Enderle raised a challenge based on his due process " rights" and the district court ruled on his state and federal due process claims, stating, " Mr. Enderle's state and federal due process rights were not prejudiced by the limitations on the retroactivity of Heemstra ." As for Enderle's equal protection claims, his postconviction brief asserted, " under Iowa's Equal Protection Clause, distinctions between classes of person must have some rational basis" and he was " entitled to due process and equal protections afforded under the Iowa and U.S. Constitutions and invoked in Griffith ." See Griffith v. Kentucky, 479 U.S. 314, 323, 107 S.Ct. 708, 93 L.Ed.2d 649 (1987) (" [S]elective application of new rules violates the principle of treating similarly situated defendants the same." ). The district court acknowledged Enderle's argument that Iowa courts have " unconstitutionally made a distinction between defendants whose case was still on direct appeal whose counsel raised the felony-murder issue and those whose case was still on direct appeal and whose counsel did not raise such an issue in the court below." While the court did not cite the equal protection clauses in addressing this argument, the court's discussion implicates those clauses. Accordingly, we conclude Enderle's challenges under the state due process clause and the federal and state equal protection clauses were preserved.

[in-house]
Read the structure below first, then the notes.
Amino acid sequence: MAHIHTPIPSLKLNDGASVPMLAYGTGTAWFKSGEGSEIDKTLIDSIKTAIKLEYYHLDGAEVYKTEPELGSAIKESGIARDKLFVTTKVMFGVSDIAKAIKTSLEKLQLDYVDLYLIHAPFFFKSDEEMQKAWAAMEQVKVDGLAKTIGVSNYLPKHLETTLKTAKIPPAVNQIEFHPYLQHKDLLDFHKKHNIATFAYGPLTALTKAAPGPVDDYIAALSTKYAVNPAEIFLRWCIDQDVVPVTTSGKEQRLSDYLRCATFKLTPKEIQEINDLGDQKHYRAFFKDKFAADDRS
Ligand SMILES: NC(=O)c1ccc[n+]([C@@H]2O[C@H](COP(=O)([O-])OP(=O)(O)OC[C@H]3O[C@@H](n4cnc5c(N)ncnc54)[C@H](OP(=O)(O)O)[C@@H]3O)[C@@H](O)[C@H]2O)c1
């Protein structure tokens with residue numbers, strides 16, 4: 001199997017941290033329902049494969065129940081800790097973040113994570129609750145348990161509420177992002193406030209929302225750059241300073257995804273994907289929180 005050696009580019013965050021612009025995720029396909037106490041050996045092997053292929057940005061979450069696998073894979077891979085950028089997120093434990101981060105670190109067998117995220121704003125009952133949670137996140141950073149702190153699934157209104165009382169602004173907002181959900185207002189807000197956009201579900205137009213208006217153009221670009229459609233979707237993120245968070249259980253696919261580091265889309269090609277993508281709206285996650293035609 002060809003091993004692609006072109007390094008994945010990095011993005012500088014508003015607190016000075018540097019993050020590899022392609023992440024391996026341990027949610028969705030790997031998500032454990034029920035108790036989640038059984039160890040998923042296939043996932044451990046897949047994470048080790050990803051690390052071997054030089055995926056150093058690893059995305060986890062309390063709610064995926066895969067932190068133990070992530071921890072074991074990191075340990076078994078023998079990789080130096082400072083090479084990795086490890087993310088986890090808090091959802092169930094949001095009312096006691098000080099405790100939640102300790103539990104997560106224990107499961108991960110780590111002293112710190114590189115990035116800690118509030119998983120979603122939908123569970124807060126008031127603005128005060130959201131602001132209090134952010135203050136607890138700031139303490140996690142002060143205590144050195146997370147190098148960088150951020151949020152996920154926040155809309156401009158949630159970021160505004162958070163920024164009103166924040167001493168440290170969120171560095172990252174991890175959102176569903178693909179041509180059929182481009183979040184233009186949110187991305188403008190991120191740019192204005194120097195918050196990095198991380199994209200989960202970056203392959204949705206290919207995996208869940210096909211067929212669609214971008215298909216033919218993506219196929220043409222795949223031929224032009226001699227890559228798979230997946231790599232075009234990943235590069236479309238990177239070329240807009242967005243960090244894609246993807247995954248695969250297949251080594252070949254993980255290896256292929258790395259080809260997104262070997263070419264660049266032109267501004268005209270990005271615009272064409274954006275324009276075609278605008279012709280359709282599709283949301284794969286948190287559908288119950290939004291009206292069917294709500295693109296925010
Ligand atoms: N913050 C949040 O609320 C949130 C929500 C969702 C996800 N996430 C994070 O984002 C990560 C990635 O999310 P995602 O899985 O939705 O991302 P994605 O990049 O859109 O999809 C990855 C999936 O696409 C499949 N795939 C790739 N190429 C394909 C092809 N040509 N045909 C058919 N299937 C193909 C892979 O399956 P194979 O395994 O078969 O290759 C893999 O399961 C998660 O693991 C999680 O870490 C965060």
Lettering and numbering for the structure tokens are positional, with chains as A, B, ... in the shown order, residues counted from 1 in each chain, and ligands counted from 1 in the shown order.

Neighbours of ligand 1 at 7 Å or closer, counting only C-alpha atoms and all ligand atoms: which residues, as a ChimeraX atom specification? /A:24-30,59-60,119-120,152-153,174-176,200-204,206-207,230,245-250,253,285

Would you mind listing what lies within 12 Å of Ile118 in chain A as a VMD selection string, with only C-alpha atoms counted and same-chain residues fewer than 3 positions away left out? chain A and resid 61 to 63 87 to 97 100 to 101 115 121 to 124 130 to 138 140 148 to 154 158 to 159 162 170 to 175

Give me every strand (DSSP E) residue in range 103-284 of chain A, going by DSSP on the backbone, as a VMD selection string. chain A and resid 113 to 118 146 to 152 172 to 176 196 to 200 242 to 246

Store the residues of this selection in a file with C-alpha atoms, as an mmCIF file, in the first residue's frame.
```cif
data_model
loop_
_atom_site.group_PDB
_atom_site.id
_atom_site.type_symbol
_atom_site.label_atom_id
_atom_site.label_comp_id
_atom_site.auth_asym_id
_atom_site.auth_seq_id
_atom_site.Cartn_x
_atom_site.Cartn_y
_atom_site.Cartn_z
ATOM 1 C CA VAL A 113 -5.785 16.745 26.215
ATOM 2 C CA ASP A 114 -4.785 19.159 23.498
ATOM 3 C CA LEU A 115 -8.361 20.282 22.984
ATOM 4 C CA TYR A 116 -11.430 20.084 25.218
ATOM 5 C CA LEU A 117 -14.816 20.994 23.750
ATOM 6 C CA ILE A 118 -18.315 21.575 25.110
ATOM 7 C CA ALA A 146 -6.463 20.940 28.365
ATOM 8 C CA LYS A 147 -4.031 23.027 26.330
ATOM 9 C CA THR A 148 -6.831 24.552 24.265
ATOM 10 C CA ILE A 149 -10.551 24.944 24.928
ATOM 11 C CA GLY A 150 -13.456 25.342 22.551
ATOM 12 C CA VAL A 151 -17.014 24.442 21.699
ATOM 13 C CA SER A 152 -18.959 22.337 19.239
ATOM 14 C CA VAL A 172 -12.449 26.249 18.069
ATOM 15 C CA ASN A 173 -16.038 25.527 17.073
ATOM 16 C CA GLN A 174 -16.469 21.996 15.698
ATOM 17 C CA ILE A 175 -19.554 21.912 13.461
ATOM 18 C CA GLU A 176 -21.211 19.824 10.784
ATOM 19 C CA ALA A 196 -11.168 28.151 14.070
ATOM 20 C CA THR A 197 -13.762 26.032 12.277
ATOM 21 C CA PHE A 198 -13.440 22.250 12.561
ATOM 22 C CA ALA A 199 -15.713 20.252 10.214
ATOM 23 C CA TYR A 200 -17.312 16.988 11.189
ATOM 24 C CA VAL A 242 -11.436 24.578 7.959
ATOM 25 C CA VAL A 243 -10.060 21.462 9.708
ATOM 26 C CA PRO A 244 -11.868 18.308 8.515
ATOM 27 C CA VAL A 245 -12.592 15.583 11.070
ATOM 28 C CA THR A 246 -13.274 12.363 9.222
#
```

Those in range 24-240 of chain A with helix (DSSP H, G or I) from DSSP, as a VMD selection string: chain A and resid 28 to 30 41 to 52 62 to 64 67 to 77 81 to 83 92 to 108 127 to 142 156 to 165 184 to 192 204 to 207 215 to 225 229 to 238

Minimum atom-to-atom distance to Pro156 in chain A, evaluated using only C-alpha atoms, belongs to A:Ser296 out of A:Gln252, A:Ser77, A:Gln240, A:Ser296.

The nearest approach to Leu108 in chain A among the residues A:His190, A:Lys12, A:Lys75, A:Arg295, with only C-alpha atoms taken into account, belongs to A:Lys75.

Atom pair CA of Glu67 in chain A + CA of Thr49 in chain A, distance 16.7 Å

Remaining is Enderle's assertion that Heemstra 's limited retroactivity violates the separation of powers clause of article III, section 1 of the Iowa Constitution. This issue was neither raised by Enderle's postconviction attorney nor decided by the postconviction court. See Goosman, 764 N.W.2d at 545 (concluding a postconviction applicant did not raise equal protection or separation of powers arguments in his application for postconviction relief, the district court did not rule on these issues, and as a result, these issues could not " be raised for the first time on appeal" ). Acknowledging the absence of a record on this sub-issue, Enderle argues we should review it under an ineffective-assistance-of-postconviction-counsel rubric. We agree with Enderle that this exception to the error-preservation rule permits review of the issue. See State v. Brothern, 832 N.W.2d 187, 191 (Iowa 2013) ( " Ineffective assistance of counsel is an exception to the traditional error preservation rules." ). We proceed to the merits of the constitutional claims.